November 18, 2019
Editorials Latest News | Susan Collins | Bangor Metro | Marijuana Legalization | Today's Paper

Winners and losers: The ups and downs of New England sports

Steven Senne | AP
Steven Senne | AP
Boston Bruins fans react as the St. Louis Blues score a goal, as the fans watch television coverage of Game 7 of the NHL hockey Stanley Cup Final on Wednesday, June 12, 2019, at a bar in Boston.

New England professional sports teams have lost more championship games in the past decade than New York teams have won. Think about that for a minute.

A lot of people, us included, are quick to talk about the unmistakable good fortune of this generation of Boston-area fans. And there’s no doubt, with the recent success of our teams, we’ve been spoiled since the Patriots first won it all in the 2001-2002 season.

Five Super Bowls. Four World Series. One NBA championship. One Stanley Cup.

All of those victories help to ever-so-slightly ease — but don’t erase — the pain of the Bruins’ loss to the St. Louis Blues in game seven of the Stanley Cup finals Wednesday night. And our familiarity with losing big games like this one can also soften the letdown. Yes, we’ve been fortunate fans in recent years, but we’re also acutely aware of how it feels to come up just short.

Three Super Bowls lost in agonizing fashion. Two Stanley Cup Finals that seemed within our grasp. For all our celebrating, we’ve had our fair share of high-stakes heartbreak, too.

An under-appreciated element of the regional sporting success we’ve enjoyed in the last two decades is the accompanying familiarity with losing when a championship is within reach. That, of course, is a good problem to have. At the end of the day, we shouldn’t complain about having our seasons extended and filled with extra excitement, especially when we’ve still come out on top more often than not.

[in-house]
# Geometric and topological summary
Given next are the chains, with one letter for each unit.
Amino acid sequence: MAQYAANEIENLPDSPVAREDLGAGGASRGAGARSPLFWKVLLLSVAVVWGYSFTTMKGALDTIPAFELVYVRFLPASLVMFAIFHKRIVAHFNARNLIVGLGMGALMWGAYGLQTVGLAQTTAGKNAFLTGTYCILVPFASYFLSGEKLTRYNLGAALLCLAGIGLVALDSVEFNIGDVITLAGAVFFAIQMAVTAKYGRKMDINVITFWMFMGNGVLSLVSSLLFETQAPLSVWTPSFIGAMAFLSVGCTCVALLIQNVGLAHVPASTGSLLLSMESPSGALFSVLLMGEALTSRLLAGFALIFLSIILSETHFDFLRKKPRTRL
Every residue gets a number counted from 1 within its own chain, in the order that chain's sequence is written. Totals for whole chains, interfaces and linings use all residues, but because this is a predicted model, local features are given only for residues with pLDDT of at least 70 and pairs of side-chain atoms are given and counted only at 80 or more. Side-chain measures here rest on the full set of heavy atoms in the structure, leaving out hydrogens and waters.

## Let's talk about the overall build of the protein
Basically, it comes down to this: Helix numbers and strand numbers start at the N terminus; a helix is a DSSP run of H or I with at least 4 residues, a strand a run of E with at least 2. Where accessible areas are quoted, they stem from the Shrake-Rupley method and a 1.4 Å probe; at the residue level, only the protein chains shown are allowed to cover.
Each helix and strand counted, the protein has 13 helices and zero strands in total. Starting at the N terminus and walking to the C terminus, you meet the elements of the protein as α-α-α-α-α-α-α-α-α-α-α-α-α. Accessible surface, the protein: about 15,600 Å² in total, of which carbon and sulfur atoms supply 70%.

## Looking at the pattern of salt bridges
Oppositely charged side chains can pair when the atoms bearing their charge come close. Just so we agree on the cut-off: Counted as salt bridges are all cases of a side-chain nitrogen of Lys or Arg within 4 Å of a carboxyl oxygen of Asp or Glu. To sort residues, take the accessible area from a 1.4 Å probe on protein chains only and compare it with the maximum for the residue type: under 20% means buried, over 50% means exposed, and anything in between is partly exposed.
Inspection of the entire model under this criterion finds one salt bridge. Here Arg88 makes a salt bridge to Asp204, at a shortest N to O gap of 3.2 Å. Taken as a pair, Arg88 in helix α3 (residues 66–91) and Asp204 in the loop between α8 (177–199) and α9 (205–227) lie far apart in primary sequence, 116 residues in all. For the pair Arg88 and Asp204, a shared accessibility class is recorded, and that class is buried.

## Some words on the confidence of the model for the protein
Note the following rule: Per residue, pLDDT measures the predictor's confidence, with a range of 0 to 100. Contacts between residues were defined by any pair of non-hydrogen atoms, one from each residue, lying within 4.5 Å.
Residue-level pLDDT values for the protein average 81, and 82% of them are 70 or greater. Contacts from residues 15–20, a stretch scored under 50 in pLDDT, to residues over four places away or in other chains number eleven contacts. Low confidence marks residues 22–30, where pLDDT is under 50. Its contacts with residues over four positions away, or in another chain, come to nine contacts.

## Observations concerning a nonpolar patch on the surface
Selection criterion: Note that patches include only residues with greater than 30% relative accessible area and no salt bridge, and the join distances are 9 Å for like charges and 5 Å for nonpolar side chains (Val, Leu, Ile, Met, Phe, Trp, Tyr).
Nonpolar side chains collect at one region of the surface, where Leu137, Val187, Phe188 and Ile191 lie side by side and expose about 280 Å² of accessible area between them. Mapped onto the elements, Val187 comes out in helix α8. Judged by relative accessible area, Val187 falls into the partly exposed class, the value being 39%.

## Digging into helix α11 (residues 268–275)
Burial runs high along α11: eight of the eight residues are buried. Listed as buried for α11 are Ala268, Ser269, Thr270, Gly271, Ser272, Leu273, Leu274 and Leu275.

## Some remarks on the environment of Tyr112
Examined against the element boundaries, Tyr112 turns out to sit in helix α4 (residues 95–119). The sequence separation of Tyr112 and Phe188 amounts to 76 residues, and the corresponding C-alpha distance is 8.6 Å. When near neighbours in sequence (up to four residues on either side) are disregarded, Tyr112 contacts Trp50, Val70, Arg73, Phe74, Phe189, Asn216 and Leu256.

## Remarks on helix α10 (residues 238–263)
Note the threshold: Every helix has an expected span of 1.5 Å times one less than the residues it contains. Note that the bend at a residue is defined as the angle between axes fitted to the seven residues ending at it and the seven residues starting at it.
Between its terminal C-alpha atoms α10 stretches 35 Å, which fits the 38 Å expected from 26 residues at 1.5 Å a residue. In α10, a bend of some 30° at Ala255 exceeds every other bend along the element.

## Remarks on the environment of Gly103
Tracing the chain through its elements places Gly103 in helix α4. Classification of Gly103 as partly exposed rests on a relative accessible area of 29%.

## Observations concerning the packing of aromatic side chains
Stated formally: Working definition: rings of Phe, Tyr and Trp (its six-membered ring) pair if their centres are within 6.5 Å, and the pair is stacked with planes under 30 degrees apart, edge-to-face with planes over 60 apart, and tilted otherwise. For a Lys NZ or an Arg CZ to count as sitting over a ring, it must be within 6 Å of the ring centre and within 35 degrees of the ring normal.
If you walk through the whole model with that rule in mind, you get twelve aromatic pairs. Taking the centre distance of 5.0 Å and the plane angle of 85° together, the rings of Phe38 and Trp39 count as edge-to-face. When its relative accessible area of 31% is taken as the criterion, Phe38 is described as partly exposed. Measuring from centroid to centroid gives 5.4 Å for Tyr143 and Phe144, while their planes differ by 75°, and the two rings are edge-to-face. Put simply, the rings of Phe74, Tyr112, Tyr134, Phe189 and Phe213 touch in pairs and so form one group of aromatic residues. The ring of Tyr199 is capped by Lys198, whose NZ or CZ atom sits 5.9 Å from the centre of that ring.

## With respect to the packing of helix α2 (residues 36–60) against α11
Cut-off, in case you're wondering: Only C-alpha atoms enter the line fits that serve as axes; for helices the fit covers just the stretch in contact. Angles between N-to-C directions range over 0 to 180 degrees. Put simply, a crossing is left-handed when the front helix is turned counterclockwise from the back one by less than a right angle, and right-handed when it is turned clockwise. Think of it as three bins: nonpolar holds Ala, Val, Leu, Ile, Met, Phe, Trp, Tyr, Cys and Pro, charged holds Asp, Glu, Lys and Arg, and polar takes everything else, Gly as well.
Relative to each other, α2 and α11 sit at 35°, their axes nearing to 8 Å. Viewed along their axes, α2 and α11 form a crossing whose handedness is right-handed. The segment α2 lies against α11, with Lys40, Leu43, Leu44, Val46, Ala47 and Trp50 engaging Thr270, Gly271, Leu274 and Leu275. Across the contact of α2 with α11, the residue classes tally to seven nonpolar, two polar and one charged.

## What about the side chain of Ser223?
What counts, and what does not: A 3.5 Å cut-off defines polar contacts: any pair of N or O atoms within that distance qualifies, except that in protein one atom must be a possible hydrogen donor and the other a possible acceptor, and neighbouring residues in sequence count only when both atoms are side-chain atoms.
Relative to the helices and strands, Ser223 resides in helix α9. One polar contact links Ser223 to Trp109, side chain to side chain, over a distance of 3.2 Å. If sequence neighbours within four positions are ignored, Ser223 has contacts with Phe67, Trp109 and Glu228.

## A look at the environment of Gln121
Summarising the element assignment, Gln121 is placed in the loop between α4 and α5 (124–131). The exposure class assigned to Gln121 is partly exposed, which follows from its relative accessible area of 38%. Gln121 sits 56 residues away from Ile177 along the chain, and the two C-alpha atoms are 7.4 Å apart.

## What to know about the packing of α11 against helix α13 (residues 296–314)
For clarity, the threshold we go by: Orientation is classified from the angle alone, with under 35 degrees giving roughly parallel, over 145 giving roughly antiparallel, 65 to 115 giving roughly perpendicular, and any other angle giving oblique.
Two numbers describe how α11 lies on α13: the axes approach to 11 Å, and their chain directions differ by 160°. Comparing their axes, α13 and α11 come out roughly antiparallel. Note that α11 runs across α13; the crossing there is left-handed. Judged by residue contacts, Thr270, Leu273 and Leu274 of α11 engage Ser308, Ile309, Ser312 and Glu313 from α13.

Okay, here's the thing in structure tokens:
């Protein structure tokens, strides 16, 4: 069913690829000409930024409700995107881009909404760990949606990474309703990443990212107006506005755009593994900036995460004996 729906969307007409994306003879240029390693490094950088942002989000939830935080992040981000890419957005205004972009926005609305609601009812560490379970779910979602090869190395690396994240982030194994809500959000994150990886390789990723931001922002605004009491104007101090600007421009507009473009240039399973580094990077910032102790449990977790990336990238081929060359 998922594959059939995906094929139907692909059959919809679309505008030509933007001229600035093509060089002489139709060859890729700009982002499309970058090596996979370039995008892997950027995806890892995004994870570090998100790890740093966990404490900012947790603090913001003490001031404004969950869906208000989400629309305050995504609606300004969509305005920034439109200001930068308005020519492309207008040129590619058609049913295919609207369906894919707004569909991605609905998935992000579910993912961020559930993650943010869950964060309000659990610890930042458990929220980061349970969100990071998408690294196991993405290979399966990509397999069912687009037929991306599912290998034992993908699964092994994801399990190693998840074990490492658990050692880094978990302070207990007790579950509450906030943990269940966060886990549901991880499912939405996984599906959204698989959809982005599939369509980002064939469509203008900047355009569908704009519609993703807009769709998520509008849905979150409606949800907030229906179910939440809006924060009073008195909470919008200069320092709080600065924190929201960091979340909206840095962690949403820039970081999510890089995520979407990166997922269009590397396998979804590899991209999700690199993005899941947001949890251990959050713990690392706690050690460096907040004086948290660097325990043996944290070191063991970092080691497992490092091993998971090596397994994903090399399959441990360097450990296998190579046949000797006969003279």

Given our embarrassment of recent sports riches, and the tough road St. Louis fans have been on, it’s hard not to feel good for them. Not only are they celebrating their first-ever Stanley Cup win, but they also suffered a devastating loss a few years ago. In 2016, St. Louis lost more than a game — they lost an entire football franchise. The Rams’ decision to pack up and head back to Los Angeles seems unimaginable here in New England, where our teams feel more like immovable institutions.

Let’s also not forget the way we’ve run roughshod over St. Louis in several different sports since 2002. The first Patriots Super Bowl win derailed a potential Rams dynasty. The Red Sox beat the Cardinals in 2004 to end the dreaded Curse of the Bambino, and won again in a 2013 World Series rematch. And this year’s Super Bowl couldn’t have been easy for St. Louis fans, either, watching the Patriots beat their now-former team.

Would it have been better for the Bruins to win Wednesday? Absolutely. We’re trying to be good sports here, but we’re not crazy. There’s no harm, however, in recognizing that this win means a lot for St. Louis.

This week’s Stanley Cup loss was a painful reminder of what it’s like to watch our teams fall just short. But can we really complain? These championship defeats are crushing, but they’re still better than not being there at all.



Have feedback? Want to know more? Send us ideas for follow-up stories.

You may also like